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Biden Calls For Putin War Crimes Trial As Bucha Horror Unfolds

Biden Calls For Putin War Crimes Trial As Bucha Horror Unfolds
Lisa Berdet, Anne-Sophie Goninet and Bertrand Hauger

👋 La Orana!*

Welcome to Tuesday, where Joe Biden calls to put Putin on trial for war crimes over Bucha killings, where Ukrainian President Zelensky says at least 300 civilians have been killed by Russian troops. Russia denies any responsibility despite accumulating evidence by independent media. Meanwhile, Die Welt‘s Philip Volkmann-Schluck looks at Kazakhstan’s risky efforts to distance itself from Russia in the wake of the invasion of Ukraine.

[*yo-rah-nah - Tahitian]

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🌎  7 THINGS TO KNOW RIGHT NOW

• Biden calls for Putin to face war crimes trial after Bucha killings: U.S. President Joe Biden has again condemned Russian counterpart Vladimir Putin as a “war criminal” and called for him to be tried amid mounting international anger over the alleged mass killing of civilians by Russian forces in Bucha.

• Bucha update: Ukrainian President Volodymyr Zelensky says as many as 300 civilians were killed by Russian forces in Bucha. As Russia denies responsibility in war crimes, Human Rights Watch has released a report on alleged rapes and other crimes committed on civilians.

• Pakistan’s Imran Khan fate hangs in balance: The Supreme Court of Pakistan delayed its verdict on whether Prime Minister Imran Khan had the right to dissolve parliament and call for early elections. On Sunday, Qasim Suri — a close ally of Khan — dissolved the National Assembly to avoid a vote of no confidence that Khan appeared certain to lose, a move described by the opposition as a ploy to stay in power.

• Sri Lanka’s ruling coalition loses majority amid growing protests: Sri Lanka President Gotabaya Rejapaksa has lost his parliamentary majority while his freshly appointed Finance Minister resigned this morning. Protests and calls for Rejapaksa’s resignation have been sparked by the government’s failure to handle the economic and energy crisis.

• Shanghai extends COVID lockdown: The Omicron variant continues to spread rapidly in Shanghai as a new subtype has been discovered, forcing authorities to extend a strict lockdown to the entire city of 26 million inhabitants, starting today.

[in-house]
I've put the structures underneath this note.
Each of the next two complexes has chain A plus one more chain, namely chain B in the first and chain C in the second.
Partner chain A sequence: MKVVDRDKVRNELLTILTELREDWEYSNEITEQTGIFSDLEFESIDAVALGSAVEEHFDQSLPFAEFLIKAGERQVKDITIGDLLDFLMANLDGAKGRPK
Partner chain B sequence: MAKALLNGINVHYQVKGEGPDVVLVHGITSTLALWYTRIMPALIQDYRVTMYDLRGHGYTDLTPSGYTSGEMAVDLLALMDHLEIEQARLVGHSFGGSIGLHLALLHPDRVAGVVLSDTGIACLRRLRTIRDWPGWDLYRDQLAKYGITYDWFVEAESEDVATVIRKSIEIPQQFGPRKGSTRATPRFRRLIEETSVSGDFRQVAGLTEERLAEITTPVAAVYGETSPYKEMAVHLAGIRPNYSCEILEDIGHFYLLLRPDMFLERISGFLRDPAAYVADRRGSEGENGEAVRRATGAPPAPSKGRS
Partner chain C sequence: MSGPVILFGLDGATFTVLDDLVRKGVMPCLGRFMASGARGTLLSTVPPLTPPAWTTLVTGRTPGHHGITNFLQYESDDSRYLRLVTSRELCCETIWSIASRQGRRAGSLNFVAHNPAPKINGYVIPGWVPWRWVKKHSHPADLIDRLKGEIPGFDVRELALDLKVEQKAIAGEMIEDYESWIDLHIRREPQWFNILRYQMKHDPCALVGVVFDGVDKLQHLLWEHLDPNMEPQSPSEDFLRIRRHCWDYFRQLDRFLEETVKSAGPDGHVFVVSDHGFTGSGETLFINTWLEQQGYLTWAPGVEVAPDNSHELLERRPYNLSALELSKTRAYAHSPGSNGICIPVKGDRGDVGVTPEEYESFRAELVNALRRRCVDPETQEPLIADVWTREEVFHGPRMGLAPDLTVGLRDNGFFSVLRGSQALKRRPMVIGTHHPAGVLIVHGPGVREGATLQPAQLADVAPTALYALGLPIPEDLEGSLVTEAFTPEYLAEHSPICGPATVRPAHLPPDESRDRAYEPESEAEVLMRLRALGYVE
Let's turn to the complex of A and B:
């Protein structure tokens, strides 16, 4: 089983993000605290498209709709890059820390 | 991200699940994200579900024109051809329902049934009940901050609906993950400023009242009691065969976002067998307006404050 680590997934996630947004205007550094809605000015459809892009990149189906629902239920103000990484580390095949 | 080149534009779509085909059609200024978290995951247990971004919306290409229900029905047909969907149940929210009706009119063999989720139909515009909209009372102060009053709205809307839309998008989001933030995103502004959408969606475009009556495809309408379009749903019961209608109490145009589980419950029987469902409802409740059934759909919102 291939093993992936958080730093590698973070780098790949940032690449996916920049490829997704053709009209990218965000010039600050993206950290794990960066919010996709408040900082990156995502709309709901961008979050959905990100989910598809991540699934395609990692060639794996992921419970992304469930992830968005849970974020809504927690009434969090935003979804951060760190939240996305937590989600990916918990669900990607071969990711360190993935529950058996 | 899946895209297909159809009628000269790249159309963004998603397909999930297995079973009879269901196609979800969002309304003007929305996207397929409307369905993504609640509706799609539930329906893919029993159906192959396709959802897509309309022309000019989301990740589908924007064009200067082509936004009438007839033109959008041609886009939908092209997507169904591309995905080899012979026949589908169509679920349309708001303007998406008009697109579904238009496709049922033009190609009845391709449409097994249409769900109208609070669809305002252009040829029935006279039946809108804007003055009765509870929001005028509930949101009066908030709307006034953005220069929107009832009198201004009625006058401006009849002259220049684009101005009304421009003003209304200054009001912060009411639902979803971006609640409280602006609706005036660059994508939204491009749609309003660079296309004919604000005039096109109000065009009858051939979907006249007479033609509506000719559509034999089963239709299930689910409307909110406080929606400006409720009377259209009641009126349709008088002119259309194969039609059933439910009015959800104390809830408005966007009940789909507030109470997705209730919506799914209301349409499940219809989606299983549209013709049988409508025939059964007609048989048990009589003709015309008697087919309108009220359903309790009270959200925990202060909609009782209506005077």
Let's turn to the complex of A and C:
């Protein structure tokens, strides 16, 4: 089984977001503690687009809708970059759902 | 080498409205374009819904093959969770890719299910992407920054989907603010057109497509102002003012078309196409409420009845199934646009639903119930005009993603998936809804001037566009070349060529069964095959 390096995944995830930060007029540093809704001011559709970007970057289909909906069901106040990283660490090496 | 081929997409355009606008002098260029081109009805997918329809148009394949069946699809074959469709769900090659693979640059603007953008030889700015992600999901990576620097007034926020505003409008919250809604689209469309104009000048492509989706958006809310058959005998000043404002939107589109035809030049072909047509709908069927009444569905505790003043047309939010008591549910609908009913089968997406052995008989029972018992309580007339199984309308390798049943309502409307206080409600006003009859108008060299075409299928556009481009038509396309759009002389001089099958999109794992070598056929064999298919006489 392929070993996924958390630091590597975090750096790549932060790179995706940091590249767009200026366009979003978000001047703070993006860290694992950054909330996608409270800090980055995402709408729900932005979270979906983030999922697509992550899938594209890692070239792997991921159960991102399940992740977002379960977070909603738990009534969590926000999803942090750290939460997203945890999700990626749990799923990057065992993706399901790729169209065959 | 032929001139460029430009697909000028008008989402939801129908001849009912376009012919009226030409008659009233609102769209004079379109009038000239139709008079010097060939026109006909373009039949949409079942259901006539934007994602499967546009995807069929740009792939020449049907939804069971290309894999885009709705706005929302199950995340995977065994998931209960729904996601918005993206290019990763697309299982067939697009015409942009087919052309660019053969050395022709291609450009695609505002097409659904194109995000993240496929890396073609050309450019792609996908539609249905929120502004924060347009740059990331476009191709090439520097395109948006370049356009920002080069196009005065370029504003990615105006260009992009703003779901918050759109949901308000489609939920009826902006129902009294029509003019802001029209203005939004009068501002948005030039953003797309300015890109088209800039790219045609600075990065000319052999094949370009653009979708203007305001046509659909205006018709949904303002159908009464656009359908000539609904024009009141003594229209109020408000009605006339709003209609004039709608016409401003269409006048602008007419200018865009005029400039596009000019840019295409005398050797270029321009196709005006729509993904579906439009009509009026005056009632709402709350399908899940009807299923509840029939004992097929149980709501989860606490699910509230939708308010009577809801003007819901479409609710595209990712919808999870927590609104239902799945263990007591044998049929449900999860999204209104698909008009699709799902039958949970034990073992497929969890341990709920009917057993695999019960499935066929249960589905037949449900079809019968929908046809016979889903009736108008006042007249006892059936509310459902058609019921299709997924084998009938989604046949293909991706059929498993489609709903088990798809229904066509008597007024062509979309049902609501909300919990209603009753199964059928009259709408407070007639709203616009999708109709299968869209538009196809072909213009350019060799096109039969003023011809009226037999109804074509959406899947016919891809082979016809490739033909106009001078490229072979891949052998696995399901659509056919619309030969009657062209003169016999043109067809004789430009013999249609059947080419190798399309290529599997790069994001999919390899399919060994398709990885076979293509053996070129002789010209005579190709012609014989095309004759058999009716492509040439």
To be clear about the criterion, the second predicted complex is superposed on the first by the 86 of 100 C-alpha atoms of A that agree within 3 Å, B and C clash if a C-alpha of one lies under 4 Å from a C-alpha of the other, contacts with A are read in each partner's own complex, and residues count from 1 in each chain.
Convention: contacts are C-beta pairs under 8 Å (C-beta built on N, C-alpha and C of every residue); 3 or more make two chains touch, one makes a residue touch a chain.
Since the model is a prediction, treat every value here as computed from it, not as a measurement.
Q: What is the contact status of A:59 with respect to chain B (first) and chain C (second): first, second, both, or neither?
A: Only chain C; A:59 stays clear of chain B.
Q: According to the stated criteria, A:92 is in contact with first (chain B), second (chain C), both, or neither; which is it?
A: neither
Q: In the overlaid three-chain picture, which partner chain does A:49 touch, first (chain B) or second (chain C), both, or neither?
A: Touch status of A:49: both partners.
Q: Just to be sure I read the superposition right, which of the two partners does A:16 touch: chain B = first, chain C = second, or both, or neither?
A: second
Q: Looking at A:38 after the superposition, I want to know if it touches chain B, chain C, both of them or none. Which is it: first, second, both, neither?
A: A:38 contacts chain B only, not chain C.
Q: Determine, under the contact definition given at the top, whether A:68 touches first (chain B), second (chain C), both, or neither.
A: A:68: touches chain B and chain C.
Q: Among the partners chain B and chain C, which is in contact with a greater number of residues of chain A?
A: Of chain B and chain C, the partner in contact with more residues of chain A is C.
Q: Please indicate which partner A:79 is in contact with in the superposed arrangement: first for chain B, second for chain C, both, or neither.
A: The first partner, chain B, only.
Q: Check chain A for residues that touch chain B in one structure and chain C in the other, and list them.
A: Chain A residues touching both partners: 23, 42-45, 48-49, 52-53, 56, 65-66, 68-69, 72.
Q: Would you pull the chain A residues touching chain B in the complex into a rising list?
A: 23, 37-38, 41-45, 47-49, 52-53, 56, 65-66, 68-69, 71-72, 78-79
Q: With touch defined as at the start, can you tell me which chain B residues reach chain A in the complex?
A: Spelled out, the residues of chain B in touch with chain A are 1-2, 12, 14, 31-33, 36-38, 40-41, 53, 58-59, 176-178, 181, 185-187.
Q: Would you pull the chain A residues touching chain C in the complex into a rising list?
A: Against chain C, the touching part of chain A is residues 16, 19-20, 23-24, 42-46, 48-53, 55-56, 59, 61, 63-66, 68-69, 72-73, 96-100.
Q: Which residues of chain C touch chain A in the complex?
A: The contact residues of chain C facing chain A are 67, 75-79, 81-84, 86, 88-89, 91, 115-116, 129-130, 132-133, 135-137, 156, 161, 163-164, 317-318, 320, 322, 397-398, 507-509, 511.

• Musk becomes Twitter biggest shareholder: Elon Musk has bought $2.89 billion-worth of shares in Twitter — a 9.2% stake that makes the Tesla and SpaceX CEO the social media platform’s largest shareholder. The news sent Twitter shares up 27%.

• Sayōnara, Nakagin Capsule Tower: Tokyo’s futuristic-looking Nakagin Capsule Tower is set to be demolished on April 12. The aging tower, completed in 1972, hosted offices and living units in an iconic design featuring 140 capsules, 30 of which will be salvaged and restored.

🗞️  FRONT PAGE

“Russian military slaughter of civilians, the world is outraged,” titles South Korean daily The Chosun Ilbo, featuring a photograph of one of the bound bodies of civilians apparently shot at close range, which were discovered in the streets of Bucha.

#️⃣  BY THE NUMBERS

40 days, 19 hours

British lawyer Victoria Evans broke the world record for fastest female solo row across the Atlantic Ocean, after the 35-year-old covered 4,740 kilometers from Tenerife, Spain, to Barbados in 40 days and 19 hours — beating the previous record by more than eight days.

📰  STORY OF THE DAY

How Putin “lost” Kazakhstan, and squashed his own Soviet revival

For Vladimir Putin, invading Ukraine was the first massive step in reviving the power of Soviet times. His war has done the opposite. Kazakhstan is the first former Soviet republic to distance itself from Russia and turn to the West. But the Central Asian country may not be able to free itself of Russian influence as quickly as it would like, writes Philip Volkmann-Schluck in German daily Die Welt.

🇰🇿 The shockwaves from Putin’s war in Ukraine have been felt across the entire region. Kazakhstan, along with neighboring Azerbaijan and Uzbekistan, is not on Russia’s side. All three countries either abstained or did not record votes in a recent UN resolution to condemn the invasion. The map of Central Asia is being redrawn, with these countries no longer counting as clear Russian allies. Kazakhstan is sending aid to Ukraine — perhaps not only for humanitarian reasons, but because the country wants to avoid falling prey to Western sanctions at all costs.